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Case Study - Atlassian

Atlassian: Jira

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Atlassian is an enterprise software company that develops products for software development, project management, and content management. It is best known for its issue tracking application, Jira, and its team collaboration and wiki product, Confluence.

One of the reasons Jira is so successful is its deep integration with other tools - and to achieve this, the Jira team builds integrations - "A lot of integrations". In a recent change, they've re-architected parts of their platform to move aware from pulling in data from external vendors to having external vendors push data to them, resulting in an increase in the number of APIs they were required to design and build. Their first objective was to implement their new feature flag integration in Jira.

The project had a tight deadline (8 weeks), external customers, and a lot of "unknown unknowns":

These constraints led us to one overarching driver: we needed to move quickly, and iterate on our API fast as we received feedback from our external customers.

James Navin, Principal Developer


The current approach to designing, building and releasing APIs had two big drawbacks:

  • Slow feedback loops - Time from “start design” to “get feedback” was measured in days or weeks.
  • Breaking API changes - It was too easy to introduce unintentional breaking changes to APIs during maintenance, unless there was a strict discipline in place to detect it.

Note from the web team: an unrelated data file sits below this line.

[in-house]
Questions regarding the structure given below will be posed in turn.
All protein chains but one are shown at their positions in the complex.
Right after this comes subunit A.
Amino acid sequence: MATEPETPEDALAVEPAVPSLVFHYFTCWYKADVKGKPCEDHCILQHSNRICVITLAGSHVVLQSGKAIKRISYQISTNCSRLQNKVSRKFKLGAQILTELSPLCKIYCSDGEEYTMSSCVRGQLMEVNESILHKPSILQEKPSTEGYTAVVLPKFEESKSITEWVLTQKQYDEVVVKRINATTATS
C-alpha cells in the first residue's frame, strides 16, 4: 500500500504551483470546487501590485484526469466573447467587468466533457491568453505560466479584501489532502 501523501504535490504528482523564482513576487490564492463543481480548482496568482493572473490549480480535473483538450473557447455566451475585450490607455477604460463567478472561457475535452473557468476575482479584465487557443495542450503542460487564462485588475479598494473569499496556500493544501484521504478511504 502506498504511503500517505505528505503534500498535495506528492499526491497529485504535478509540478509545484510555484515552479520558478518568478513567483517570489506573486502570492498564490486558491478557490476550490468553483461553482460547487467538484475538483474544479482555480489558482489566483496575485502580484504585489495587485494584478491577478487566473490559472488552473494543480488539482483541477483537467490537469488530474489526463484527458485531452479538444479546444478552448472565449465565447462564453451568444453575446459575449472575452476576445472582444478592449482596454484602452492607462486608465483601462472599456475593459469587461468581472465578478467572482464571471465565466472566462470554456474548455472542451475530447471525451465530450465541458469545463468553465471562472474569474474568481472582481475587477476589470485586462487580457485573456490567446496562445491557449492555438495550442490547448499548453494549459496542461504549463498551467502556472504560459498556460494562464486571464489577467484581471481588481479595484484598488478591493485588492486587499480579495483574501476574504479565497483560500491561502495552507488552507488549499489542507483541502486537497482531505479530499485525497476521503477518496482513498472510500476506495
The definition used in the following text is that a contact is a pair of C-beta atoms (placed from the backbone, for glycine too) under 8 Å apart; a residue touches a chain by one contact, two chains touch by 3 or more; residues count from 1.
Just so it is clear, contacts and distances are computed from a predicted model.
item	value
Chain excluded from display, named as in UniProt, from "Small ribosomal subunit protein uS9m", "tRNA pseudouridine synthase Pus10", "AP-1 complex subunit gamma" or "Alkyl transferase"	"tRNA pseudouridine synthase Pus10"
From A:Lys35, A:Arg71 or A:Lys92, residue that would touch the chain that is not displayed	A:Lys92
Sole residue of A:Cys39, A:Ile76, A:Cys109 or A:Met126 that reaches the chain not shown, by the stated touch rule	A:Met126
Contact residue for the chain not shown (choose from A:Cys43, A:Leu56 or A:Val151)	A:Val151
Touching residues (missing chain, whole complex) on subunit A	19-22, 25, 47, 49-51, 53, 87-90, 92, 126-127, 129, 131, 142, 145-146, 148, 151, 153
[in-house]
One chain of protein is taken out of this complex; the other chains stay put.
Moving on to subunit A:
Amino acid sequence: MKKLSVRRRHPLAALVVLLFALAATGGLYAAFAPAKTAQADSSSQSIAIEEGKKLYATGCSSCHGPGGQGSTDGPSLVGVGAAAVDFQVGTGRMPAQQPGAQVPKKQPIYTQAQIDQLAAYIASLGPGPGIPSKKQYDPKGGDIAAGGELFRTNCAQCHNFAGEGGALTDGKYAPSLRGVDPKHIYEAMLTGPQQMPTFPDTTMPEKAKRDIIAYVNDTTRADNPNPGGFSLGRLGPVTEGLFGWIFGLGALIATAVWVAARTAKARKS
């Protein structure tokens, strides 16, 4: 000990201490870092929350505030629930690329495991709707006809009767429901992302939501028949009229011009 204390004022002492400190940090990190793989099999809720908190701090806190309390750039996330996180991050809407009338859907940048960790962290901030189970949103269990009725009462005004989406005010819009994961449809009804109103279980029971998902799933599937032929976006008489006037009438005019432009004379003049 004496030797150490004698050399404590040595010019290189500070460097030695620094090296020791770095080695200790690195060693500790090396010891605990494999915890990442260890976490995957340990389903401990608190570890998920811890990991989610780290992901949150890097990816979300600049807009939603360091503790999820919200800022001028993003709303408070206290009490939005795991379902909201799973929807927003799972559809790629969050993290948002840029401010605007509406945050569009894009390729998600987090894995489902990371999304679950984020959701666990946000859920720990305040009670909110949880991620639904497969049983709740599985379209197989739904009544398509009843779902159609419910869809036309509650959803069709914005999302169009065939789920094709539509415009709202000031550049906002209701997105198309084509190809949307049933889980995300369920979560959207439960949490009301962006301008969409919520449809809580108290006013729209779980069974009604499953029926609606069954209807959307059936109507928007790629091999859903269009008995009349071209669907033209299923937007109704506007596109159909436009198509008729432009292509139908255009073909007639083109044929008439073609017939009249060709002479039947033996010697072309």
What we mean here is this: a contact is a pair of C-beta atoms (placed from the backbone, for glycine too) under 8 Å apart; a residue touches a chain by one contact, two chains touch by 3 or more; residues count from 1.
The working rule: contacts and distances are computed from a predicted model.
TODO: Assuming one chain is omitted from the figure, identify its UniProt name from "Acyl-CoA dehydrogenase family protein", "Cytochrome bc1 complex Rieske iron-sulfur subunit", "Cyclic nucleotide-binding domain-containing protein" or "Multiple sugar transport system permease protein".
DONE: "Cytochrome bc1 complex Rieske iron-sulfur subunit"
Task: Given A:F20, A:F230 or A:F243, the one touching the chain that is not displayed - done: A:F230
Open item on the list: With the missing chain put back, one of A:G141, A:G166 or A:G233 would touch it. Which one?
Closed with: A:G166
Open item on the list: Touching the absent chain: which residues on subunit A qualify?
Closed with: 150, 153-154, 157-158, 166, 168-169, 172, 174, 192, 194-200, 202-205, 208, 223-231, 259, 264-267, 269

The team moved to a specification-first approach, meaning APIs were documented, codified in tests and shared with all parties. To achieve this, they used a number of tools including Swagger / OpenAPI (OAS) specification and Pact.

The benefits:

  • Iterative API design - Feedback on the API design was fast and meaningful.
  • Parallel development - Integration teams could begin implementation on their side without needing to wait for the API implementation to complete.
  • Shorter feedback loops - Teams were able to get internal or external feedback within hours, not days.
  • Automated mocks - Teams could build mocks from the Swagger and Pact definitions without fear that it would fail when it came time to test the real implementation.
  • Contract testing for safety - They received immediate feedback in their tests when a breaking change was about to be made to the API implementation by validating against our API spec.

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